Mitigating circumstances are normally exceptional, short term, unforeseen and unpreventable events that have a significantly disruptive effect on the student’s ability to take assessments. These events are over and above the course of everyday life and normally outside of their control. The events may affect the student’s ability to complete coursework or other assessments and revise for and attend on-campus assessments.
What do you need to be aware of?
Mitigating Circumstances is the umbrella term used by the University of Leeds for the process by which students can seek mitigation for the impact on their ability to complete assessments.
Students may allude to circumstances that have affected their studies via their Academic Personal Tutor or School Student Support Officer, but this is not sufficient to enable these circumstances to be taken into consideration. There is a formal procedure to follow, a deadline to meet and evidence required to support such claims. If one of your students does mention adverse circumstances that appear to have affected their studies, then this should act as a trigger for you to discuss the formal Mitigating Circumstances process with the student.
As the onus is on the student to make and evidence the claim for mitigation, then part of your role as an Academic Personal Tutor or as a member of the Student Education Service may be to encourage the student to follow the formal process to ensure that any such circumstances are considered by their Parent school's Special Circumstances Committee. However, it would not be your role to pre-empt or pre-judge the outcomes of such a Committee, but to advise the student regarding the process.
There are two routes of mitigation available: ‘Extensions to Coursework Deadlines’ and ‘Additional Consideration’.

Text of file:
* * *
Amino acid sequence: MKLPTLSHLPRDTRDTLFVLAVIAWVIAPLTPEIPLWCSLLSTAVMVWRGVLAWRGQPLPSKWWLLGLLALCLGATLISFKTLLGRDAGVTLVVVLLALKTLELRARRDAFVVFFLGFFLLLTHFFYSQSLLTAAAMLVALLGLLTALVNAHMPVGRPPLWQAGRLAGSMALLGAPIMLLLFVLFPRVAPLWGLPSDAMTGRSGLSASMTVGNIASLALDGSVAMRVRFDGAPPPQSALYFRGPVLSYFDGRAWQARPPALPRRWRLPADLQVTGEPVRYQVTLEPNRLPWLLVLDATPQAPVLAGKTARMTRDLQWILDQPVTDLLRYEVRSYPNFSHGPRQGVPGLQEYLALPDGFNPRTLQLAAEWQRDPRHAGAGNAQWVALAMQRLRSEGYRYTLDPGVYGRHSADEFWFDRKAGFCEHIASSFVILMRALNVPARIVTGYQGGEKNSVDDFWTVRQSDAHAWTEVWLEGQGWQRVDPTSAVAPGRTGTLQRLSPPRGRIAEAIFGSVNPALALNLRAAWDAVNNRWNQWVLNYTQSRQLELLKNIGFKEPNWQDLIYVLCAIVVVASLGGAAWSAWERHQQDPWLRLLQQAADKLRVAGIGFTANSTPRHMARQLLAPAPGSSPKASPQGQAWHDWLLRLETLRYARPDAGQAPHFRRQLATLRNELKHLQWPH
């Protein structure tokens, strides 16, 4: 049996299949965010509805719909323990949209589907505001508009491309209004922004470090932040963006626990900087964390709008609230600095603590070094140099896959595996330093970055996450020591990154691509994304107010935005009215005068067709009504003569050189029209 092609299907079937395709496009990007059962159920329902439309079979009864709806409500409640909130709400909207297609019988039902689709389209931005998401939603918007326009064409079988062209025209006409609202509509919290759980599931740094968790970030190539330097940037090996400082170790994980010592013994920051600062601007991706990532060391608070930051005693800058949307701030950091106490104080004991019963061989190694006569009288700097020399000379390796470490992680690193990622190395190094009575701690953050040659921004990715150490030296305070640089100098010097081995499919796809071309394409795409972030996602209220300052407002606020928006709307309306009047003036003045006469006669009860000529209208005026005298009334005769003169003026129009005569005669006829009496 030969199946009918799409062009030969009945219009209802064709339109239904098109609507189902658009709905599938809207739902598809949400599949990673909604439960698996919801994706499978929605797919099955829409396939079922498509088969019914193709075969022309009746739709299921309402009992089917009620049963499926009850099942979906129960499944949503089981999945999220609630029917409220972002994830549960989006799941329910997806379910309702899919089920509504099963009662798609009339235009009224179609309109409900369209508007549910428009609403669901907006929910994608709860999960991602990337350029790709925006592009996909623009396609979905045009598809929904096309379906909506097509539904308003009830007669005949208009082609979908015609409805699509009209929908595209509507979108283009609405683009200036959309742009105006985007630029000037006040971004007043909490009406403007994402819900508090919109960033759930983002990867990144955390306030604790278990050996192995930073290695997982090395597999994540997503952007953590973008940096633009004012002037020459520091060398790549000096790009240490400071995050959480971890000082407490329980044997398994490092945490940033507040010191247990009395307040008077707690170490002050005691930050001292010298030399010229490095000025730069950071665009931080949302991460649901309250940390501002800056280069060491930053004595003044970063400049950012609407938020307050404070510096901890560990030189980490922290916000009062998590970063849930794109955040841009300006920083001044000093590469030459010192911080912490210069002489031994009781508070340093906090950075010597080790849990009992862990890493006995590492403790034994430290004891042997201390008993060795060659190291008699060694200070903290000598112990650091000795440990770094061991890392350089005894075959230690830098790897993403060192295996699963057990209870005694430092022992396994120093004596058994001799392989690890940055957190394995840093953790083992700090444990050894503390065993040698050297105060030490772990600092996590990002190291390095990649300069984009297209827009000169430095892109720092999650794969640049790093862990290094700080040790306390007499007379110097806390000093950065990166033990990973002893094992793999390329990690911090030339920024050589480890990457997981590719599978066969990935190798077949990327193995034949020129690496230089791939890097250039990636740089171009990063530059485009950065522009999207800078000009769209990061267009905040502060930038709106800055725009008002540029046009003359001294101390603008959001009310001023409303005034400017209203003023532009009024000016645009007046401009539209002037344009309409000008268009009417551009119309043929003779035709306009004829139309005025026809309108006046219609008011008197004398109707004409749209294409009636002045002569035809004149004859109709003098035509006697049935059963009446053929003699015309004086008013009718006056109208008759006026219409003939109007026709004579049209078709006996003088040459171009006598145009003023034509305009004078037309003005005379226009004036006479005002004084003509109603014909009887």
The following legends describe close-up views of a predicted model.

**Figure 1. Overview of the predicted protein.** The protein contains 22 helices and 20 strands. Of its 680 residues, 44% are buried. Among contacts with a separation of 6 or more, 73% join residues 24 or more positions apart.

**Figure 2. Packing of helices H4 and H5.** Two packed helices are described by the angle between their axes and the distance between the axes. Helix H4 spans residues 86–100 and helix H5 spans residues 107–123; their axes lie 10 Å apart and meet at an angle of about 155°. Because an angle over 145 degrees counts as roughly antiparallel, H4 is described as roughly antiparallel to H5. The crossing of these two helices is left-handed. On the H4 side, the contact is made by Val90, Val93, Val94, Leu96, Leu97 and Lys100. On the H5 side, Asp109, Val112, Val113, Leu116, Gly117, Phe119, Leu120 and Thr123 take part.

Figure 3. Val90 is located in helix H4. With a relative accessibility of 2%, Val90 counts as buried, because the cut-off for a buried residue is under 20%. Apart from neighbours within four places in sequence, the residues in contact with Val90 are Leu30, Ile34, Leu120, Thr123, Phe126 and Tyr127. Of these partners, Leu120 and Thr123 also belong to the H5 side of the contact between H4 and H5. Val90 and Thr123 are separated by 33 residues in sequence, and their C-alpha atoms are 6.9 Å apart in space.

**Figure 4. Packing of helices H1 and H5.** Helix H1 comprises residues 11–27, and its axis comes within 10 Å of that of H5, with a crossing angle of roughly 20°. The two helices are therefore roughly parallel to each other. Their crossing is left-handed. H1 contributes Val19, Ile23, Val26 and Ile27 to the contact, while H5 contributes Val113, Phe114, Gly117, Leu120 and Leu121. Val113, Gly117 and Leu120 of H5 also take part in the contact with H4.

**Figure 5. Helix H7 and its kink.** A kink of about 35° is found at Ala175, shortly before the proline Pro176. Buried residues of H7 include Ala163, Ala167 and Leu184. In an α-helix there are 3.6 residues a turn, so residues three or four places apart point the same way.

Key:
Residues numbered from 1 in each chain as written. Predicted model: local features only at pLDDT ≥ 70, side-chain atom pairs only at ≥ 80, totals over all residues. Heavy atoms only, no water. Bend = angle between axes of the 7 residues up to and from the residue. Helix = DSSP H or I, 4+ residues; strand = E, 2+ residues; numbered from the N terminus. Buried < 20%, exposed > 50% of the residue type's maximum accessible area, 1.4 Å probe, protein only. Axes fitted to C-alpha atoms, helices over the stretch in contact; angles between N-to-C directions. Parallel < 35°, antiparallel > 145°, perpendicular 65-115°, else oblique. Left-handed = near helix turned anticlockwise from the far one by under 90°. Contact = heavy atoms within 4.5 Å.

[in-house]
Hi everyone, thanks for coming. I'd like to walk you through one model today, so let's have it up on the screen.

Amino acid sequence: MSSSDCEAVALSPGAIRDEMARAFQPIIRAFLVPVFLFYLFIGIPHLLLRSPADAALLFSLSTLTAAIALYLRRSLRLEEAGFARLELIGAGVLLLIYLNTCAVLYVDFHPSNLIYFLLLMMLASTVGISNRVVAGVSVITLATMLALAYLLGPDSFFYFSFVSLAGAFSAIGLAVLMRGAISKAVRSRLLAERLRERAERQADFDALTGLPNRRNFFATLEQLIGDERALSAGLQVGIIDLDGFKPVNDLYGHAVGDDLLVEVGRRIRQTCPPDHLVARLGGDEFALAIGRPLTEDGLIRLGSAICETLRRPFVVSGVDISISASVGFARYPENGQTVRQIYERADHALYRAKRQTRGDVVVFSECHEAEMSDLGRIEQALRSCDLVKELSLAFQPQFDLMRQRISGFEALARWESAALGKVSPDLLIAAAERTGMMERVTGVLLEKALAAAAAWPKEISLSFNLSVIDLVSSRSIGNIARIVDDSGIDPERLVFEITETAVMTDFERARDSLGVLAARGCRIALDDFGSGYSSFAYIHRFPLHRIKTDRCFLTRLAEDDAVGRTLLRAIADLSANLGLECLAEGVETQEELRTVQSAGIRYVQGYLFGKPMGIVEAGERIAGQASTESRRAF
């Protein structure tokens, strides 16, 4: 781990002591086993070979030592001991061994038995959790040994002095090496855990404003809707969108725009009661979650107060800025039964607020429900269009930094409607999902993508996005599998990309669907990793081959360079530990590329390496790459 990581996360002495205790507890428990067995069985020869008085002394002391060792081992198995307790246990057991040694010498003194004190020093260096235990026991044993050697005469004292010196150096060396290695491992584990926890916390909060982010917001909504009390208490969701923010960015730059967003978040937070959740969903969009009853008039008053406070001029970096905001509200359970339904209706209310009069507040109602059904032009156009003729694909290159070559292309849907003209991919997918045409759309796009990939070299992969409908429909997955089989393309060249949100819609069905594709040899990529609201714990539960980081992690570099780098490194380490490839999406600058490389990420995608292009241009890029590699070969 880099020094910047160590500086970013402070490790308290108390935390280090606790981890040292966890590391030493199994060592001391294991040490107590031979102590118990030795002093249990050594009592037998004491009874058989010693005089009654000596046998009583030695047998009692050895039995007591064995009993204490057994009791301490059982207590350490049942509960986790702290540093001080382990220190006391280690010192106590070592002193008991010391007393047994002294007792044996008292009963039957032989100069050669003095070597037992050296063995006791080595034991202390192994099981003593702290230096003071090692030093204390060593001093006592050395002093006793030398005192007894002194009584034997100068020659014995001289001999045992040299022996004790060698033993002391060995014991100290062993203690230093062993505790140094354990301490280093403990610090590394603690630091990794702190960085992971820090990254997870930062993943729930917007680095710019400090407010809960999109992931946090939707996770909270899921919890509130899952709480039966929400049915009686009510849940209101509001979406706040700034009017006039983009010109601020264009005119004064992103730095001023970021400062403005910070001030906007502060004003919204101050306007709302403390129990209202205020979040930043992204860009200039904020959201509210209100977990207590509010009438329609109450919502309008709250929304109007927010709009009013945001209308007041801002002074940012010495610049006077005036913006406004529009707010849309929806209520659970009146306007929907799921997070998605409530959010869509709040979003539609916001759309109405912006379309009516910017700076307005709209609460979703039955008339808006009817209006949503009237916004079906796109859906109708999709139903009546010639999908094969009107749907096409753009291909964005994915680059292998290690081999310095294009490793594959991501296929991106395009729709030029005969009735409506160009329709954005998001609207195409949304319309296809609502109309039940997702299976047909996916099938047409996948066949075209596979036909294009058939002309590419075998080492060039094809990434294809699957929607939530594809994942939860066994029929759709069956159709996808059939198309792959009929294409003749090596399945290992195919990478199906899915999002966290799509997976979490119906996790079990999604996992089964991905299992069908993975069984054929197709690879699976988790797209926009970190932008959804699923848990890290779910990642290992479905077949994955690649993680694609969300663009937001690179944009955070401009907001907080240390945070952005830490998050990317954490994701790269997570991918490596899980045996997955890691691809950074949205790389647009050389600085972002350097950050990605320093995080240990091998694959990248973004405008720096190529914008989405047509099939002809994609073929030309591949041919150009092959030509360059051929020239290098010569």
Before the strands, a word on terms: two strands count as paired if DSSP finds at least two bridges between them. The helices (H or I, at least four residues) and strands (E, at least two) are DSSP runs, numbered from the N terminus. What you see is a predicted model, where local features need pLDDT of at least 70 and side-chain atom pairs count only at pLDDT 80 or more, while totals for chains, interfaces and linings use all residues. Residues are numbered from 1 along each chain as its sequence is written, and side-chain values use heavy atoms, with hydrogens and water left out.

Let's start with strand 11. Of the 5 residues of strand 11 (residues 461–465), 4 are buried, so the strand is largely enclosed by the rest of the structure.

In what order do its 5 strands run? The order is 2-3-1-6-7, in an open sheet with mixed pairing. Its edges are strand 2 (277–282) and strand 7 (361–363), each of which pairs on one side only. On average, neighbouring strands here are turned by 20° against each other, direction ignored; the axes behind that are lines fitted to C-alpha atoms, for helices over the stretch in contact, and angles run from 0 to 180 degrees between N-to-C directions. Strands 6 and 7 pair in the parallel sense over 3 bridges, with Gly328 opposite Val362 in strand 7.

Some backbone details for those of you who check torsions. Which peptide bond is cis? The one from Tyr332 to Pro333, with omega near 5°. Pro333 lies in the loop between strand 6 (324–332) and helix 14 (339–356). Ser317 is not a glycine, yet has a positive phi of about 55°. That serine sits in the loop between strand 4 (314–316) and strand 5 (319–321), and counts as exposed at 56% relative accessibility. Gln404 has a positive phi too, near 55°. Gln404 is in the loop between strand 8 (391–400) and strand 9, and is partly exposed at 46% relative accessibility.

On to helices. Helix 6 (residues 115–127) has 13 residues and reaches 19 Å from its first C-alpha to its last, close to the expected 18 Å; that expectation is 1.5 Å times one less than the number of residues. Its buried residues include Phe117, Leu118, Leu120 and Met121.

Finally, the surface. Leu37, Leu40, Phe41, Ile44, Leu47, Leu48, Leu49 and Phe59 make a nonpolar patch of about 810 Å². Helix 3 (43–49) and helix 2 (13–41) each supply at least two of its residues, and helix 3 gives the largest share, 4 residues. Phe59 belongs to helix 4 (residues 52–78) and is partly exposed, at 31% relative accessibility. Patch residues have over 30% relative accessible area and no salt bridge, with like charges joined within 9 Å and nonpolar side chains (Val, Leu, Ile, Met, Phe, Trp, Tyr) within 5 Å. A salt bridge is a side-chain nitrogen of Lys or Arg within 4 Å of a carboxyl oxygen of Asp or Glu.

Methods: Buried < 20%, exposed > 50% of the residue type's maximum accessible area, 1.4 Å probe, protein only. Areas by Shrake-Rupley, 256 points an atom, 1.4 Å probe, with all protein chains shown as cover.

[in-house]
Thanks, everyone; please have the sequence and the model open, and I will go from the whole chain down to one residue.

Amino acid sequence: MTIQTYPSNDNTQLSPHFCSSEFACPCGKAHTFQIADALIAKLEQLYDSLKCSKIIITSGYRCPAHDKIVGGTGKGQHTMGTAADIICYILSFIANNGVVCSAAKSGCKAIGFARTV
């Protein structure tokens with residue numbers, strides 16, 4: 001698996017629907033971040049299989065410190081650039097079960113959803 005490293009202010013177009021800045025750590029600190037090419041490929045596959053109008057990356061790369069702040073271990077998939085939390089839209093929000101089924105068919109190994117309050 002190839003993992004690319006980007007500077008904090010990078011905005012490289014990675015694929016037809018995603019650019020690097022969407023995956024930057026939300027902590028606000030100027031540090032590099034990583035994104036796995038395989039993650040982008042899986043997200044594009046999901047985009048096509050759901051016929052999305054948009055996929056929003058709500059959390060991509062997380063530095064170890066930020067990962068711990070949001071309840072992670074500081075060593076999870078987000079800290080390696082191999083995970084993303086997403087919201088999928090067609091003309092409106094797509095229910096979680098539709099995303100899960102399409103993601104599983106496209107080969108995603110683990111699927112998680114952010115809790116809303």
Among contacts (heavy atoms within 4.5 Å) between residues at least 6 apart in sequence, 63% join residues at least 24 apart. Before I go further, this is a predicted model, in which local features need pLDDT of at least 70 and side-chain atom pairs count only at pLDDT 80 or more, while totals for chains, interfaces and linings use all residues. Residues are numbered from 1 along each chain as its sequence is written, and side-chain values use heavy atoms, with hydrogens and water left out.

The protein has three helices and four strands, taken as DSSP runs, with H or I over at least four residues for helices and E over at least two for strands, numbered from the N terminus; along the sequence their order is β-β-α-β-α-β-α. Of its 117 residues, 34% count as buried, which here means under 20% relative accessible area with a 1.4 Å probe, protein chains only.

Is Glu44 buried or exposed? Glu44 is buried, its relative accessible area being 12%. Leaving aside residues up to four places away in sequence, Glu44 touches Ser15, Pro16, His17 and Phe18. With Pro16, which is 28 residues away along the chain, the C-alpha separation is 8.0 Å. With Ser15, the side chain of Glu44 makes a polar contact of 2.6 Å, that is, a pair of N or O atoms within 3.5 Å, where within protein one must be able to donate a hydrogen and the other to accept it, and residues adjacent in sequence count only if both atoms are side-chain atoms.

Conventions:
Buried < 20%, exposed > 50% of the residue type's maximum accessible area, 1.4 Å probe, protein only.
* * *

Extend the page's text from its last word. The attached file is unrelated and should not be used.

Staff should visit the Mitigating Circumstances webpage for guidance.
Students with disabilities or long-term health conditions
Disabled students, or students with a long-term health condition (12 months or more) that impacts on their day-to-day activities, should register with Disability Services who will advise further on support and reasonable adjustments to their study and assessment. Disability includes Specific Learning Difficulties (such as dyslexia and dyspraxia), as well as diagnosed mental health conditions.
If the student does not sit their assessments and does not make an application for mitigation
The students are expected to contact their schools to let them know what is happening. If they do not submit an assessment and do not apply for mitigation they may be withdrawn from their studies.
If the student is unable to contact their school at any stage, it is important that they get in touch with their school again, as soon as possible.
In extreme cases, where there is evidence to show that there were circumstances beyond the student’s control which prevented them for contacting their school, a retrospective application for mitigating circumstances may be considered.
What do students need to do?
All taught undergraduate and postgraduate students wishing to apply for mitigating circumstances, need to complete a Mitigating Circumstances form and provide supporting evidence to their Parent School, even if the module affected is taken in a different school.
See the Mitigating Circumstances Guidance webpage on the student website for more information and a link to the online form.